Vegetables in transition to organic

Bureau d’innovation

We imagined, with d'Aucy preserves, how to support farmers in the process of converting their crop to organic and upgrade their production.

The brief and what's at stake

Creating new outlets for canned organic produce, and motivating the cooperative’s members to transition from conventional to organic farming

In June 2018, d’aucy briefed Possible Future on a mission addressing challenges at the brand’s the cooperative’s level. What was it about? The future of organic.

Building upon the need to create canned organic produce that meets consumer expectations, d’aucy asked us to imagine and create new outlets for organic vegetables in order to motivate farmers to transition from conventional to organic farming. In fact, we are witnessing an increasing demand for organic produce in France, and the number of transitioning farmers isn’t growing at a fast enough rate to support it.

With this brief, we embarked with d’aucy on a multifaceted journey, with potential impacts on both consumers and farmers.

The idea

Raising consumer awareness while creating value for the cooperative’s farmers with a range of vegetables from in-transition organic farms.

Our exploration phase allowed us to explore the upcoming challenges of the organic sector, for the people who will be eating the produce … but also for the farmers growing it !

Our discussions with farmers and experts from d’aucy allowed us to understand the underlying issues with transitioning to organic farming and the challenges holding farmers back :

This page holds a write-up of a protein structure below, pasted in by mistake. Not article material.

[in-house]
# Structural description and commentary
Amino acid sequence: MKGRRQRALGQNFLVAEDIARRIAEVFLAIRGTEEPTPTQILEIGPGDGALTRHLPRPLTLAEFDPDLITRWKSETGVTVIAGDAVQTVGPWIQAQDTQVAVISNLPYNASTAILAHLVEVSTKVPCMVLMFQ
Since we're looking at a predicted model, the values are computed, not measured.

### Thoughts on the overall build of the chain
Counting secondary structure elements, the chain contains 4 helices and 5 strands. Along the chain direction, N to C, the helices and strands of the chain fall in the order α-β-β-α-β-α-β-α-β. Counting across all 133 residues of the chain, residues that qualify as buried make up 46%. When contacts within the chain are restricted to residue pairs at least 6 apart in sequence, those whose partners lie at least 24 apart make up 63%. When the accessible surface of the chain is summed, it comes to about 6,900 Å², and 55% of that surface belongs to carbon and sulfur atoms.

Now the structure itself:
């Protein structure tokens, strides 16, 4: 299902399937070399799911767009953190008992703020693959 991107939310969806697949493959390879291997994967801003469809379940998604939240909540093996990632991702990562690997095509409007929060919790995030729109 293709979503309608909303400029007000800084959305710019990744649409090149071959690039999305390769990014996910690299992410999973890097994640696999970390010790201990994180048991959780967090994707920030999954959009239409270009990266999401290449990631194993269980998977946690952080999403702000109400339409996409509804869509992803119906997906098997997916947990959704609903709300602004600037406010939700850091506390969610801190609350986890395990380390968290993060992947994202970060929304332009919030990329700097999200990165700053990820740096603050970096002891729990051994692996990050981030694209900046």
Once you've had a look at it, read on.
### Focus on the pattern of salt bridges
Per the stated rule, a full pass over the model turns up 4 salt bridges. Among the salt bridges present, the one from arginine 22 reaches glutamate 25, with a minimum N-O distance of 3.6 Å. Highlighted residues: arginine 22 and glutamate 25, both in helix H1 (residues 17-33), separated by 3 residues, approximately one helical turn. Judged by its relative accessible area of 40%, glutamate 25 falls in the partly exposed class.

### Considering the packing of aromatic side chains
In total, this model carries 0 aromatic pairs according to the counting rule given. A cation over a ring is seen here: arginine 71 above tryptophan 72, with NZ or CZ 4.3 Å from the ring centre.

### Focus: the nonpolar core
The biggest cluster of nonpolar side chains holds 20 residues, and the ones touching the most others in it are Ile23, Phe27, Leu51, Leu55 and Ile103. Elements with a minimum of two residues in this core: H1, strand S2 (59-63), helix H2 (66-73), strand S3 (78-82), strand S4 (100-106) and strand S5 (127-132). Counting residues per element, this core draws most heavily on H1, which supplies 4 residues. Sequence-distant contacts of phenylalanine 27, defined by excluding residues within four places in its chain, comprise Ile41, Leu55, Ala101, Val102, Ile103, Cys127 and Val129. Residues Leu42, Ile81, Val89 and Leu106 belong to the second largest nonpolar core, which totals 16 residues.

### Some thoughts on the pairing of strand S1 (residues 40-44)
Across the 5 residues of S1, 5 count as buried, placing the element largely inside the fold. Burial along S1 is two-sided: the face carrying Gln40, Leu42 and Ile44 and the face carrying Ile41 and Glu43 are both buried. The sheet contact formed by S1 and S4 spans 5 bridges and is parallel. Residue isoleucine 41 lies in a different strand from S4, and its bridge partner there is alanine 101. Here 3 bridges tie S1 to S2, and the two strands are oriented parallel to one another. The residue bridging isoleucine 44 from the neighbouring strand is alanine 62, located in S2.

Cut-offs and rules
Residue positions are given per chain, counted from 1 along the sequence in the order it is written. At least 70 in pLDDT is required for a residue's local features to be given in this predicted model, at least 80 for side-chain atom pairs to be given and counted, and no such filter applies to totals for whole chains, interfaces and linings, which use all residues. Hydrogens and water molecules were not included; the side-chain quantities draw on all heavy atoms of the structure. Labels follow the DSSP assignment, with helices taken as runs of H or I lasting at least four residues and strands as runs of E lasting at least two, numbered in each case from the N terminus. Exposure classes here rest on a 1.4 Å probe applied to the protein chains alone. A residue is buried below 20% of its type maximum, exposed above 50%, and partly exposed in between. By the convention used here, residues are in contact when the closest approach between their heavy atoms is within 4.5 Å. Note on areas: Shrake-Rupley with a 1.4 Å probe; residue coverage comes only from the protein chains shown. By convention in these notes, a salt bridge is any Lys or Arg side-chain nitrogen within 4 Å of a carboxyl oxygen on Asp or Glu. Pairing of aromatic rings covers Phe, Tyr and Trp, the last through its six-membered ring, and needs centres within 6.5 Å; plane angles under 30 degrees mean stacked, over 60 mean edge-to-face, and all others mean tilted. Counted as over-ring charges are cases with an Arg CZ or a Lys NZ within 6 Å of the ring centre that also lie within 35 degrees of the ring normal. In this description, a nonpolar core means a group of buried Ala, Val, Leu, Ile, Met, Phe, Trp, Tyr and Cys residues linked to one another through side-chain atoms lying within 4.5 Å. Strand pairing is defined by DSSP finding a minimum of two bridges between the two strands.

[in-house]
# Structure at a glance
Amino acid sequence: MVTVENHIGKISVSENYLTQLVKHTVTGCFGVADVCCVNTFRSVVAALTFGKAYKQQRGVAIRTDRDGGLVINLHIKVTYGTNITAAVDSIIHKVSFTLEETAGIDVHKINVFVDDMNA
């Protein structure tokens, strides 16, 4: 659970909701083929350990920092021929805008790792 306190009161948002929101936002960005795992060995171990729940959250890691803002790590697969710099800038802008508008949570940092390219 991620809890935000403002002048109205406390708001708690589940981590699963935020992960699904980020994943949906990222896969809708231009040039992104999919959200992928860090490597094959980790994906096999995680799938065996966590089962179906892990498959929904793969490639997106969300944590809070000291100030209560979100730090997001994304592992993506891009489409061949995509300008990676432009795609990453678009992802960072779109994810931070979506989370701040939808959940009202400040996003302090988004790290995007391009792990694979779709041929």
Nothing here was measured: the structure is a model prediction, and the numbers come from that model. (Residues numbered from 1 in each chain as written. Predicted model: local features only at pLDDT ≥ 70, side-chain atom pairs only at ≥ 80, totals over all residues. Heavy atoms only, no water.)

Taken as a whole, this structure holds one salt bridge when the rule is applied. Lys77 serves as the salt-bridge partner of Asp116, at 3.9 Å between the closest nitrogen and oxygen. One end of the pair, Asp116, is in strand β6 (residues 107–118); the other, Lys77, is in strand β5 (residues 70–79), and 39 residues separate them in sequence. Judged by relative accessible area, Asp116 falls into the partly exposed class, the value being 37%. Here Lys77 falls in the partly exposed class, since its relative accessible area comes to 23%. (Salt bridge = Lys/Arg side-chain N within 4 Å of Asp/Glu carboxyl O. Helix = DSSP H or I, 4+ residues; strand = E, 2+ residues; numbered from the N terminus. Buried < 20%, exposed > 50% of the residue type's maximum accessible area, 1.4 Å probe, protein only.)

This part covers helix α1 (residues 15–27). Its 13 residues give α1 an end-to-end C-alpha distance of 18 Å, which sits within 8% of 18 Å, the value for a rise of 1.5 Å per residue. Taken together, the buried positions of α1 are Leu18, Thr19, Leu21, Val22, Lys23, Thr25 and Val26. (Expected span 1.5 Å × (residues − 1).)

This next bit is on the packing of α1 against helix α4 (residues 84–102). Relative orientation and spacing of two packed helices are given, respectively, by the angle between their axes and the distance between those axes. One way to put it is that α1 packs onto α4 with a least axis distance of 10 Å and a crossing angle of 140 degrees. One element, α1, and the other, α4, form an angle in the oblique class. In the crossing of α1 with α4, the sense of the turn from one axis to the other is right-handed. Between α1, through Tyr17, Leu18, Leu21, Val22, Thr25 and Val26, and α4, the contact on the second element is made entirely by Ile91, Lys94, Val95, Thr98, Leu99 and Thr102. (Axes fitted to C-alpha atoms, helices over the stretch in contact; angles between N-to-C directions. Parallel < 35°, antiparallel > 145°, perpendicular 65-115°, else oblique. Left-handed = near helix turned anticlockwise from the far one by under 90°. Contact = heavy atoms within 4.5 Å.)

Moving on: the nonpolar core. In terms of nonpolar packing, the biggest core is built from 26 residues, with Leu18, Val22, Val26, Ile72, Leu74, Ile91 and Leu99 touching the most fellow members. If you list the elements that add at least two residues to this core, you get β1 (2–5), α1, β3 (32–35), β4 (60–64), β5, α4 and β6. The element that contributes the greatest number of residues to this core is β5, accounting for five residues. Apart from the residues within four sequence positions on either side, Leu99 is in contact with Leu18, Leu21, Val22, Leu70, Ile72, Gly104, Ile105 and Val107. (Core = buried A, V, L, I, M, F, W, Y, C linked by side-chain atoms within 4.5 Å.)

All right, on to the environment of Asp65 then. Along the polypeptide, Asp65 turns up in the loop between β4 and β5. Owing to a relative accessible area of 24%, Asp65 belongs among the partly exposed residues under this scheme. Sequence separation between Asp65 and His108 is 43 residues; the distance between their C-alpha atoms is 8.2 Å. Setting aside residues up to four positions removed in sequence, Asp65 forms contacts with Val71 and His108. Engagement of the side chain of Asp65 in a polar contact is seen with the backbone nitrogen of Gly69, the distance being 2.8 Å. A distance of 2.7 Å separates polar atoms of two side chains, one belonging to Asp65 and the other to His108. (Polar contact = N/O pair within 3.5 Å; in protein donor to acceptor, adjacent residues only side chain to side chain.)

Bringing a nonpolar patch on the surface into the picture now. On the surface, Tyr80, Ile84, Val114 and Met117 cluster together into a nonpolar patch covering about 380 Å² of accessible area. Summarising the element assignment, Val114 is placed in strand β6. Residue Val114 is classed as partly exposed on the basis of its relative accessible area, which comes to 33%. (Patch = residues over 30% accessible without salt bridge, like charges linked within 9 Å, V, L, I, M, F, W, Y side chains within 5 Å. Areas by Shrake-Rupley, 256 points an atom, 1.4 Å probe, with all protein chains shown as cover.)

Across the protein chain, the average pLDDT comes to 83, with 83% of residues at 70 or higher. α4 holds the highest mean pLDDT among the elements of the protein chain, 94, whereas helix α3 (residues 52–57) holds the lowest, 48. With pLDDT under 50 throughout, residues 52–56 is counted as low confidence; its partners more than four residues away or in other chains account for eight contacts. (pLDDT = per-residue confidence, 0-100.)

• Financial and technical investments with a high uncertainty about future harvests
  • A 3-year period, mandatory in order to get the « organic » certification (Agriculture Biologique, AB certification) in France, during which farmers grow their crops in compliance to organic requirements without being able to sell and price their produce as such.

In order to build the future of organic farming and meet the increasing demand, the key is to minimize the risks taken by the farmer when transitioning from conventional to organic farming systems.

That’s why after two months of exploration and conceptualization, we presented to d’aucy the concept of a new product line of in-transition organic vegetables, sold online :

  • For consumers, it’s an opportunity not only to learn more about the issues of transitioning farms, but also to buy quality products at accessible prices, since these products are already being grown as organic products.
  • For farmers, it’s a way to benefit from higher prices, allowing them to be more fairly compensated during the difficult transition period.
The result

The transition to organic vegetables, co-created by d’aucy and consumers

In June 2019, after internalizing and reworking the concept that we had presented, d’aucy invited consumers to participate in creating this new line of “in-transition organic” vegetables : they were asked to help select the first vegetable to be marketed, along with its container, label, price (and the amount paid back to farmers) and method of distribution.

With the launch of this line, d’aucy is the first player in the food industry to implement such a strong initiative aimed at raising awareness of the general public around the transition from conventional to organic systems. This is an essential first step and is accompanied by a plan to support members of the cooperative to empower them to transition to a more environmentally-friendly agriculture.

Since the fall of 2019, we can buy those d’aucy vegetables co-created with consumers. We are very proud to have accompanied d’Aucy in the development of this new line of in-transition vegetables.


farmers and experts from d'aucy
met during the first phase of the project in order to understand what is at stake in transitioning to organic systems.


surveyed online. 30 qualitative interviews were also conducted.


of organic product sales between 2011 and 2016


decided to transition to organic systems in 2018 : an all-time record !


future organic farmers
need to transition in the next 5 years in order to meet consumer demand, according to Biocoop's president, Orion Porta,